Saeed Malekpour, a 36-year old web and circumvention tool developer based in Canada, was arrested over several charges, including “acting against national security through propaganda against the Islamic Republic,” “insulting and desecrating the principles of Islam,” and “production and publication of obscene materials through computer systems.”  United for Iran reports that he had created a photo-uploading program, and that it had been used to upload pornographic images without his knowledge. He was sentenced to death last week as a “corrupter of the earth.” While the government officially acknowledges executing 17 people since the start of the new year, Amnesty International reports receiving information that the true number may be closer to 39 executions.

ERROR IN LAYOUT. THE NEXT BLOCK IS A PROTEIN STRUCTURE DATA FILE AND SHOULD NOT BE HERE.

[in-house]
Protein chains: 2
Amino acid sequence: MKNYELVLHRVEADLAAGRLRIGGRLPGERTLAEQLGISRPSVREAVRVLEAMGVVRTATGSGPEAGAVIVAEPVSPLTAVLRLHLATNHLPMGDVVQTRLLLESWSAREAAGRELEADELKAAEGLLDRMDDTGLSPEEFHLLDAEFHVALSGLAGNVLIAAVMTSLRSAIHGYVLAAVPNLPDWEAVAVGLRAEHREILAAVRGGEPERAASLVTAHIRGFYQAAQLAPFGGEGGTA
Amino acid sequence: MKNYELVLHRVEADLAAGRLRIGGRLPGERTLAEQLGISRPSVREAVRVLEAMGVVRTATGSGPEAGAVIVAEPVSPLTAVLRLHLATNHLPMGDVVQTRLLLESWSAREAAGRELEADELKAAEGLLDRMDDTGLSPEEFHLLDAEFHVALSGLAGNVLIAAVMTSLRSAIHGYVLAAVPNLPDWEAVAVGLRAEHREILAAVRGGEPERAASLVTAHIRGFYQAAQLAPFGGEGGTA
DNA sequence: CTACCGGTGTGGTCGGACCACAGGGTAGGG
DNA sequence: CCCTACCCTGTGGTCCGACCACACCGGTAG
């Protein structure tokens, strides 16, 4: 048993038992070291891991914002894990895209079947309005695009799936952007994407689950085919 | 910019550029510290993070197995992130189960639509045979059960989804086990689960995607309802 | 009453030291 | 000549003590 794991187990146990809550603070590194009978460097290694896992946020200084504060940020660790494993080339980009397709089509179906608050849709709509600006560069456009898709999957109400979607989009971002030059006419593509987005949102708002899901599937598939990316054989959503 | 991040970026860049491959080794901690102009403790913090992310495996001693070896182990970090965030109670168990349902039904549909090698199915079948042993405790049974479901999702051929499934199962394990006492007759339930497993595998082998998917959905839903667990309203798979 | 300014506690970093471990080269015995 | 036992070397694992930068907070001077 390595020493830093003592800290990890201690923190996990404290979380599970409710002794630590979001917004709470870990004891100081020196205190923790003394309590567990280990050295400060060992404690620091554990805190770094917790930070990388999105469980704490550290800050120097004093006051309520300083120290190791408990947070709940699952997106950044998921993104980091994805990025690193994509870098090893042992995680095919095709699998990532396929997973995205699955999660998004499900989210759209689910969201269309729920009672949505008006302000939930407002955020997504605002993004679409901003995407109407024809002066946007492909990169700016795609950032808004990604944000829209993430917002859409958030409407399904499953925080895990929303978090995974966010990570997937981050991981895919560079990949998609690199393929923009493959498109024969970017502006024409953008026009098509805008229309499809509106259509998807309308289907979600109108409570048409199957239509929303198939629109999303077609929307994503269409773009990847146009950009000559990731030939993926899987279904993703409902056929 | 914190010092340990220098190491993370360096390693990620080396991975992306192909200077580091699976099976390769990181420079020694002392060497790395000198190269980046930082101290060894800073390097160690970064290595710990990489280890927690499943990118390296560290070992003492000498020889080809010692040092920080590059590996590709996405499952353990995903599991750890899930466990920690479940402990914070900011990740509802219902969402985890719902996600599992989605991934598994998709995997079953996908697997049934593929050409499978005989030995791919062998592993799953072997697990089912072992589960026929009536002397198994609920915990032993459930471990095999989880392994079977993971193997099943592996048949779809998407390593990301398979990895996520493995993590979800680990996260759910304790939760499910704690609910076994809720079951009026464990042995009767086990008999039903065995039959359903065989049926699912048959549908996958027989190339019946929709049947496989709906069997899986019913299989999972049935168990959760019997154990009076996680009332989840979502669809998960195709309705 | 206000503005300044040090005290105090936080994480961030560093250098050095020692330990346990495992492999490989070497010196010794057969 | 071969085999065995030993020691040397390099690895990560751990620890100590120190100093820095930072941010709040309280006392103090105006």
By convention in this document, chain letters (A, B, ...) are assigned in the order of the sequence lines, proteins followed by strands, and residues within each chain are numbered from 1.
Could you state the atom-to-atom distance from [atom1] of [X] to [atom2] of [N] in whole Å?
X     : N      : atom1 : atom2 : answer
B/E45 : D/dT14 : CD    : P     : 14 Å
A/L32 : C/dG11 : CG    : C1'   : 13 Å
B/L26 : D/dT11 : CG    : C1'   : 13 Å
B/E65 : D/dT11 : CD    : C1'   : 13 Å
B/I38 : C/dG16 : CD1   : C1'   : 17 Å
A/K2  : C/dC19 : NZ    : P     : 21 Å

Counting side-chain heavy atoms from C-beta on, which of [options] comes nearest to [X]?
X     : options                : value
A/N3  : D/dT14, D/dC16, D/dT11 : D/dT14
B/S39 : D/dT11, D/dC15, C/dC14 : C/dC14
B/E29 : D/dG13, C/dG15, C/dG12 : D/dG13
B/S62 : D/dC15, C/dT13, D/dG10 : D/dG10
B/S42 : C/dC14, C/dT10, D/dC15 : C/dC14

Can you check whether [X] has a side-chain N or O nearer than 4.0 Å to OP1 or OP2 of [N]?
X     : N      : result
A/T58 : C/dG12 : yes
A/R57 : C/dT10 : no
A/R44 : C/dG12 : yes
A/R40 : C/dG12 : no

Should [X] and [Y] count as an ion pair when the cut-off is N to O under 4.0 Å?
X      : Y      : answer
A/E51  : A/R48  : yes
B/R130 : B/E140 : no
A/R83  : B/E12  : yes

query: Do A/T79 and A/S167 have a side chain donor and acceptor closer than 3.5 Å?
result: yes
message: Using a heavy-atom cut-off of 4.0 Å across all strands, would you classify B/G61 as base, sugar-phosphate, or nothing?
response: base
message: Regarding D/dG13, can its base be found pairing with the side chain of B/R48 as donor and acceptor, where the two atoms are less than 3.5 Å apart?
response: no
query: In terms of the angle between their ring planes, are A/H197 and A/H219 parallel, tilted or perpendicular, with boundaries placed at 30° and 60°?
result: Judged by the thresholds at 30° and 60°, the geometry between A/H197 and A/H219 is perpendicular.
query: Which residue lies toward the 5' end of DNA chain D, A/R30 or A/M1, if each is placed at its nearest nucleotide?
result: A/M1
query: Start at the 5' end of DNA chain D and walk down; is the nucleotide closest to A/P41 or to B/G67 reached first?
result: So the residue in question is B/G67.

Other bloggers are also under threat. In December 2011, 50-year-old Iranian blogger, Mohammad Reza Pour Shajari (AKA Siamak Mehr) was charged for “waging war against God” by openly criticizing the state on his blog, Iran Land’s Report.  And Rojin Mohammadi, a medical student in the Philippines, was arrested in November and is being held without charges at Iran’s notorious Evin Prison

New restrictions on Internet use